Samsung has substantial plans for the future of both its own AI and the use of the technology worldwide but that needs to be approached with a sense of purpose and ethical responsibility, according to Samsung Electronics President Young Sohn. Speaking for an interview with Business Insider, following a keynote speech on the topic at Web Summit 2018, the executive expressed excitement at how far the level of interconnectivity between people and devices has already come. There are 340 trillion-trillion-trillion IP addresses already in use around the world with most of those tied into mobile devices and similar technologies, Mr. Young Sohn said, and those are collecting an increasing amount of information. For Samsung, the hope is that trend will eventually lead to veritable "biodata banks" that contain information pertaining to details of individuals' lives from "genomes to phenomes." More succinctly, the company hopes that analysis and collection of data ranging from user traits such as eye color or demographics to genetic information and less obvious patterns in behavior and preferences.
That data will be useful under a wide number of circumstances from diagnosing and treating health conditions to making better-personalized recommendations and more, the executive says, allowing AI to truly augment users lives' for the better. However, Mr. Young Sohn also admits that there are legitimate concerns surrounding that vision for the future. Primarily, the risks associated with storing that much data and utilizing AI to analyze it can be linked back to privacy and security. As the executive points out, for comparison, Samsung devices typically only store user data on their handset but the future he's talking about requires much higher levels of connection and accessibility. In short, it will need to exist on a global scale. Bearing that in mind, there is also a need to approach the technology from an ethically-away perspective. Referred by the source to Chinese policies and systems currently in place that tracks and limits citizens based on their credit score and debt, Samsung's President indicated that it will ultimately be up to private companies and technologists to review how AI and data storage are used. Those involved in building out solutions within those fields, he continued, need to be mindful that the technology can be abused and appropriately careful.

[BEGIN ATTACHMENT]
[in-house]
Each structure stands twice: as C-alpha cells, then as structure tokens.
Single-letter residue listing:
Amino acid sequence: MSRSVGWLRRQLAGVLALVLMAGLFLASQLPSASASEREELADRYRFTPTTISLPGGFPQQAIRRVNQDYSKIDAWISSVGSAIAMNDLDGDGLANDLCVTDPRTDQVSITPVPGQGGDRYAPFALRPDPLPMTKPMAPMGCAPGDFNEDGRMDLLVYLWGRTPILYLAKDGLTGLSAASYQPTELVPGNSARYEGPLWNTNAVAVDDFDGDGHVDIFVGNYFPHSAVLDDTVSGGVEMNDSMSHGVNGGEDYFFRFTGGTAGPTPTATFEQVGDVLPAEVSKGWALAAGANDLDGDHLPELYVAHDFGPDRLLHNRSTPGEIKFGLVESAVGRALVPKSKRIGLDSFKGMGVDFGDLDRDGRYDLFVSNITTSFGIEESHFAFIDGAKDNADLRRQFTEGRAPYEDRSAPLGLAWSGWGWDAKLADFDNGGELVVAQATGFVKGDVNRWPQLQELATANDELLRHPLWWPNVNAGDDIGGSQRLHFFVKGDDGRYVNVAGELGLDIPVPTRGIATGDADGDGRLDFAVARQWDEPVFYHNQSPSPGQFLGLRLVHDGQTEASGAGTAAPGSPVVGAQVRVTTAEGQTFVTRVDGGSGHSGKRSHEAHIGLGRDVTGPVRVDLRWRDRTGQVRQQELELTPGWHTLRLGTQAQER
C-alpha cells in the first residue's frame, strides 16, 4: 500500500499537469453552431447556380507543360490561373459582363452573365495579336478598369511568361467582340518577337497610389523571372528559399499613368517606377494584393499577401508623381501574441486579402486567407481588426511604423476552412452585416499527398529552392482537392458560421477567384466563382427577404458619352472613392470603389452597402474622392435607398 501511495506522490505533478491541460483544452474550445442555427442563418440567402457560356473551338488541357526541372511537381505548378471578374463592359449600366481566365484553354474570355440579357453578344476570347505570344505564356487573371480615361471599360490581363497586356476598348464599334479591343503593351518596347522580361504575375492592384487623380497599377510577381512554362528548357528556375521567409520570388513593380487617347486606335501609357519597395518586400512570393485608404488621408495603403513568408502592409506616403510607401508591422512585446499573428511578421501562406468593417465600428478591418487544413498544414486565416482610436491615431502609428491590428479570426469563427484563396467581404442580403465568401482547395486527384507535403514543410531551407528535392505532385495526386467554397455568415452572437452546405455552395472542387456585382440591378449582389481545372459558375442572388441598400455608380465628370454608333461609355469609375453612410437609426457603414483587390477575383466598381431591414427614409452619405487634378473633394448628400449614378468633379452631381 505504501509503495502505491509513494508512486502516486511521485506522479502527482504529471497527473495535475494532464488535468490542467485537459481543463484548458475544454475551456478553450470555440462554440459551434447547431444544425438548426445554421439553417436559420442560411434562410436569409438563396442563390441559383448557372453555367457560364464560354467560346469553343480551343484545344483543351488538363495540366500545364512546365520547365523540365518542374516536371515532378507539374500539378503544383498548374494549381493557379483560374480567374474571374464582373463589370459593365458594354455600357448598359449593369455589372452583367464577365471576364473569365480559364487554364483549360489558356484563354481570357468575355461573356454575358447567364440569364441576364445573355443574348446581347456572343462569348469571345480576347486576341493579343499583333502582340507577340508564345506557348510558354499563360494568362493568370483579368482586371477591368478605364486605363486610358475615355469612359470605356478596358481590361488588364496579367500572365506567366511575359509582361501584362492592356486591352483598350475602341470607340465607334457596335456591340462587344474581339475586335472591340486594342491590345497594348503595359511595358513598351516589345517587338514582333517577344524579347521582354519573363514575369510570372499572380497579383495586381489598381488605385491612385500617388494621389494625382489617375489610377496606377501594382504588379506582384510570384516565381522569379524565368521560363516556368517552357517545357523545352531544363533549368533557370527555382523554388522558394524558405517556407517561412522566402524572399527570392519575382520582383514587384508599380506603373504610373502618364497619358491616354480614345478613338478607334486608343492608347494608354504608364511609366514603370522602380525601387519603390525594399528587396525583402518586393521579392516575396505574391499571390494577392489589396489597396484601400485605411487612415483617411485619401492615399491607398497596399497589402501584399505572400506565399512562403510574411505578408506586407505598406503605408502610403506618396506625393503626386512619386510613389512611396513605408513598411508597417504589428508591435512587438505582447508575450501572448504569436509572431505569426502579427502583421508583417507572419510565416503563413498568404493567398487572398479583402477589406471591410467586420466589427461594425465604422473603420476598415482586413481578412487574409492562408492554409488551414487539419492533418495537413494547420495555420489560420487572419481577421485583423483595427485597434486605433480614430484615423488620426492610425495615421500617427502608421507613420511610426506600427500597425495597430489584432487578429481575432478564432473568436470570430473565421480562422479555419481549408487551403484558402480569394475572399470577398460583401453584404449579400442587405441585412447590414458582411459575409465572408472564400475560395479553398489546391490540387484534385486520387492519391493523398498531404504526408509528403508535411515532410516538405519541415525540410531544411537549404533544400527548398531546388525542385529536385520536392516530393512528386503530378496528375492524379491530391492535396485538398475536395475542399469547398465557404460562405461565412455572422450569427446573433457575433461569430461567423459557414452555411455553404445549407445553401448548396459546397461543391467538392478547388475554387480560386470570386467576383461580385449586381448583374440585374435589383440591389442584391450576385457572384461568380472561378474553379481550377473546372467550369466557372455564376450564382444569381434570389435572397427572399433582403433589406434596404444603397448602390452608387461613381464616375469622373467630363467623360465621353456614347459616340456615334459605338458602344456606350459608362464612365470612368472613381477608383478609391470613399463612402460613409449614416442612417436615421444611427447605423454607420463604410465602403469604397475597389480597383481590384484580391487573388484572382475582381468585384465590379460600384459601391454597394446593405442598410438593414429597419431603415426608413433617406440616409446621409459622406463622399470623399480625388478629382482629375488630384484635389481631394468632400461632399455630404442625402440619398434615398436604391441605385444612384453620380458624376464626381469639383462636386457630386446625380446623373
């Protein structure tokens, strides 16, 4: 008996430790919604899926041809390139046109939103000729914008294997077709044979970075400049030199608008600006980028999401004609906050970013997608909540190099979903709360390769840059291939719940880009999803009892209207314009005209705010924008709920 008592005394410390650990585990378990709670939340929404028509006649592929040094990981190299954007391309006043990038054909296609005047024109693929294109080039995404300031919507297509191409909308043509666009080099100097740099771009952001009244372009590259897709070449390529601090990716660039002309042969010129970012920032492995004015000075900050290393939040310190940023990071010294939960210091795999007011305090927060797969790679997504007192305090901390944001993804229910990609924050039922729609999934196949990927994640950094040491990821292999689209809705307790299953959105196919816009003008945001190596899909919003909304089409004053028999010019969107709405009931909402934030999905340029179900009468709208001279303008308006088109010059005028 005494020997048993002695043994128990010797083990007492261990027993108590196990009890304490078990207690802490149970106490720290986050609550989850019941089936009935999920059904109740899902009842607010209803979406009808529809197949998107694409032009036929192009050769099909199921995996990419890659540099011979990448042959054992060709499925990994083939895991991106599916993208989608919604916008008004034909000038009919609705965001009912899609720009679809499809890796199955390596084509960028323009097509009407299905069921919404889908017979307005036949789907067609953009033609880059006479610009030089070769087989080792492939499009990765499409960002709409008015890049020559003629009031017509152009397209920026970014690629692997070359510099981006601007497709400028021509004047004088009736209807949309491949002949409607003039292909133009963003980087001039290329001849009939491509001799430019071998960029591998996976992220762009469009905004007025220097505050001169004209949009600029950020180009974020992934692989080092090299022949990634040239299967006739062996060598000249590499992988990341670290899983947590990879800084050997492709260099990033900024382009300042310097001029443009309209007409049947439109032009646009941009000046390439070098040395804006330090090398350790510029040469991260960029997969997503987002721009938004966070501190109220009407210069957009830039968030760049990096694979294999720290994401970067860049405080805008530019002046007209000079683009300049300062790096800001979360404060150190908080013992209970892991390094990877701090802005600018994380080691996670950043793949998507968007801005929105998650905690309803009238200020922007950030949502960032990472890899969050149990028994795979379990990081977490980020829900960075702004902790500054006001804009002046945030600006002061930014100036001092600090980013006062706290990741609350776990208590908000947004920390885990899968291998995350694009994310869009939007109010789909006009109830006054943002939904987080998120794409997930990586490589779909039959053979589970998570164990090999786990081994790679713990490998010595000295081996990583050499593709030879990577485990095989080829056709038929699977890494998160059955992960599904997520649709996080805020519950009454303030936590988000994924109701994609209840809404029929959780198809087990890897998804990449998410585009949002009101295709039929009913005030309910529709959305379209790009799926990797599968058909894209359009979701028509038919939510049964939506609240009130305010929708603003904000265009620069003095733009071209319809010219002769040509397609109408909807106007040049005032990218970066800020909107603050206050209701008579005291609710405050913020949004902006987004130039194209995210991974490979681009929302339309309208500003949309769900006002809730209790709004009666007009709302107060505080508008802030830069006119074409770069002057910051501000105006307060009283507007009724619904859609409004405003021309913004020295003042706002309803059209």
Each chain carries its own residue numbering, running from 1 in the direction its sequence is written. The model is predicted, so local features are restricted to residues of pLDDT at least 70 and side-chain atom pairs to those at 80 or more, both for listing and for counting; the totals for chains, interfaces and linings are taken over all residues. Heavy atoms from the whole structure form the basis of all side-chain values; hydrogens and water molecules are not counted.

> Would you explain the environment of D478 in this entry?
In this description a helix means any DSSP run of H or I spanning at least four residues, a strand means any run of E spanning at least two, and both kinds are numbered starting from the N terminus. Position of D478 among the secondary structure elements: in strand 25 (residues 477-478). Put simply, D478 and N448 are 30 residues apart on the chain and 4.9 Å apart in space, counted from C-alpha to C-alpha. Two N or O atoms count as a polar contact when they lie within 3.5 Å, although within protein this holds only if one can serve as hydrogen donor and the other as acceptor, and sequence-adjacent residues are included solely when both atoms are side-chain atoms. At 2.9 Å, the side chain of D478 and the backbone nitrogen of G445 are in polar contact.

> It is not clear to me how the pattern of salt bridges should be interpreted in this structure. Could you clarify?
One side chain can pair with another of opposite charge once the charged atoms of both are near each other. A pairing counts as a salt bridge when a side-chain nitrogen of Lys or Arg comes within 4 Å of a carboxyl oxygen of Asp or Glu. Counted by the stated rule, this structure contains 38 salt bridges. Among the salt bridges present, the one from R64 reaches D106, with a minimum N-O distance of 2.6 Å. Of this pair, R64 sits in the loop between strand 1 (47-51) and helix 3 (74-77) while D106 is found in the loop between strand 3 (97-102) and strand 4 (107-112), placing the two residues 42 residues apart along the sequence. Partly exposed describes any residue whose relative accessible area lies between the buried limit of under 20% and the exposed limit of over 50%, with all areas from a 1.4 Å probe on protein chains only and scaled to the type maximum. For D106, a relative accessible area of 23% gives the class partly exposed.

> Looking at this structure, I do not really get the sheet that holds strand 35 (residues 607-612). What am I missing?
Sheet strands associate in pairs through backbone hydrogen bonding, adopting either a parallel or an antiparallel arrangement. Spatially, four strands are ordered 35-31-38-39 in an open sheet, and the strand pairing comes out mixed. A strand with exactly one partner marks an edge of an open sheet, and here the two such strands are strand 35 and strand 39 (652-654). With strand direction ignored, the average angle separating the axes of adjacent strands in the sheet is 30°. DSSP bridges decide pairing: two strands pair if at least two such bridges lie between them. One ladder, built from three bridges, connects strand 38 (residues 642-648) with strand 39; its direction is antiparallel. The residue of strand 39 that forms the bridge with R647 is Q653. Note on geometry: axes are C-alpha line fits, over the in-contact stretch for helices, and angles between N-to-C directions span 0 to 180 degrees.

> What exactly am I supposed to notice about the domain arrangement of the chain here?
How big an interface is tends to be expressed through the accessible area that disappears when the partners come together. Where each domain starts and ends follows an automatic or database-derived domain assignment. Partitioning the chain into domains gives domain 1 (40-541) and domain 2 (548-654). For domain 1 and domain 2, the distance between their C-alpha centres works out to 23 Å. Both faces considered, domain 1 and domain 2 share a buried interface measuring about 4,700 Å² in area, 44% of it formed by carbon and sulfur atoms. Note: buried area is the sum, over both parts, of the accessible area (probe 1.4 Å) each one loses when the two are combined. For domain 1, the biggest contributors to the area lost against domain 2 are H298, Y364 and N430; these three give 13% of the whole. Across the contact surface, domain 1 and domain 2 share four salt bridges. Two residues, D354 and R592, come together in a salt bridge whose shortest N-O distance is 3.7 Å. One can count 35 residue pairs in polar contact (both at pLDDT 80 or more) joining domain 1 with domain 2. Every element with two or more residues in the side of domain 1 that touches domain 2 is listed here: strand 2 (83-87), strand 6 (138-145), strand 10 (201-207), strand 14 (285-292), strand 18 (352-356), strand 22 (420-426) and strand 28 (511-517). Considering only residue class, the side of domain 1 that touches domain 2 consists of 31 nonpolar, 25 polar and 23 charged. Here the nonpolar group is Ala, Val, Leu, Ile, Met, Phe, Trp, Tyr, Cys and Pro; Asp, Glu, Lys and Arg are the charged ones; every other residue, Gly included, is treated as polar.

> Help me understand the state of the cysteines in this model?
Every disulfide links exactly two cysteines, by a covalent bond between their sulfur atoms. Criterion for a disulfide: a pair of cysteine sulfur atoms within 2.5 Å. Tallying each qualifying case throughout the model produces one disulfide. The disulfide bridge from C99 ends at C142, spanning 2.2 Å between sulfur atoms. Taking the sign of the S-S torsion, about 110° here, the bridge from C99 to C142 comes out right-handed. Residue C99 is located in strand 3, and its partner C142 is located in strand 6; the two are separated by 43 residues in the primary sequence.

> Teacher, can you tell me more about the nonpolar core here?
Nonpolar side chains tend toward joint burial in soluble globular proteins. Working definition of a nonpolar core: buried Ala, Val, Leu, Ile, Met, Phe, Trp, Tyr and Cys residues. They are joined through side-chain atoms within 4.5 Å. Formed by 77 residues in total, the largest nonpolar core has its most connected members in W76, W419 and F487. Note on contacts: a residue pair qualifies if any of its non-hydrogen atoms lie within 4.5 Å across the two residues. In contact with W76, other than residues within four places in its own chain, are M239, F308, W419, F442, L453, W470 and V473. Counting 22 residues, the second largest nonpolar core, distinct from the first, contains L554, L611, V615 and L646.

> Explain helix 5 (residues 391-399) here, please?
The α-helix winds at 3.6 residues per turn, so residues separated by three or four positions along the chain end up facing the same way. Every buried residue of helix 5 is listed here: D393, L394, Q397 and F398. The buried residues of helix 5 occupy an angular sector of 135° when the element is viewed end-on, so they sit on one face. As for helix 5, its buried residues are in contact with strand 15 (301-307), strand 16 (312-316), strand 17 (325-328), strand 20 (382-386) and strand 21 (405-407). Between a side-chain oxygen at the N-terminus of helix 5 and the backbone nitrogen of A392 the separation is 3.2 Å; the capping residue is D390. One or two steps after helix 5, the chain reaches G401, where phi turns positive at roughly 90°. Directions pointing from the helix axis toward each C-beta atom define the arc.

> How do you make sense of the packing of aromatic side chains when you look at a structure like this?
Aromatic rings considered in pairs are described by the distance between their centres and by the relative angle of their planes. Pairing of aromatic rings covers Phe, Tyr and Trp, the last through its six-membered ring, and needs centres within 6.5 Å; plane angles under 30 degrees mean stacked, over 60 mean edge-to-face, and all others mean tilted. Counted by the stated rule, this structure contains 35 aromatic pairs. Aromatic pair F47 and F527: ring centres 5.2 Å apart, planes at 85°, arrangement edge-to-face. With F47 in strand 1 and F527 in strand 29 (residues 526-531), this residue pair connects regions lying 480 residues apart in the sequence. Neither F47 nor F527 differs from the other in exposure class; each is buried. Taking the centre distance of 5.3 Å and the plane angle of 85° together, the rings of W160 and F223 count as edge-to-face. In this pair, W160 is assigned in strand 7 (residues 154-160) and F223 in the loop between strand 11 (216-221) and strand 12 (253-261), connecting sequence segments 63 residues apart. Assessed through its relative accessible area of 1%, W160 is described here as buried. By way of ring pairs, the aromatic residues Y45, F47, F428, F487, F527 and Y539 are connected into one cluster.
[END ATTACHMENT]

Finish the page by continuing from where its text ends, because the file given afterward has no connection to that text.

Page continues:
Background: Mr. Young Sohn's sentiments are complemented by the company's ambitions as expressed at this year's Samsung Developer Conference (SDC) 2018, currently taking place in San Francisco. The company announced at the event that it's own AI innovations, encompassed under the umbrella of incoming changes to Bixby, are now set to be taken to an entirely new level. Specifically, the company has officially unveiled a new suite of developer tools and opened up the platform for use in third-party devices and by third-party developers. That's in addition to its promise to include Bixby in each of its products by the year 2020 and expansions planned for the same timeframe with regard to its own AI teams. In total, the Korean tech giant has said it will be hiring no fewer than 1,000 AI experts by that year and that it will invest $22 billion to fund research and development. By taking advantage of its more than 500 million products sold annually and those developed by other manufacturers, Samsung hopes to surpass the comparatively limited scope of Amazon's Alexa or Google Assistant to begin pushing towards its envisioned AI-powered future.
Impact: For the time being, the advantages of bringing together AI and big data collection highlighted by Samsungs President and CSO aren't likely to materialize in real-world usage anytime soon. In effect, the systems needed to accomplish those goals are still too fragmented and still very much in their infancy. That's in spite of the potential brought about by several relatively big breakthroughs in the industry over the past couple of years, such as Google's continued pursuit of AI as a viable approach to cancer detection and disease prediction. It's also in spite of persistent calls from industry leaders to unify at least some of the technology under interoperability-enabling standards, including Samsung's own efforts on that front. Having said that, Mr. Young Sohn's statements appear to indicate that Samsung is not taking those risks lightly, at very least.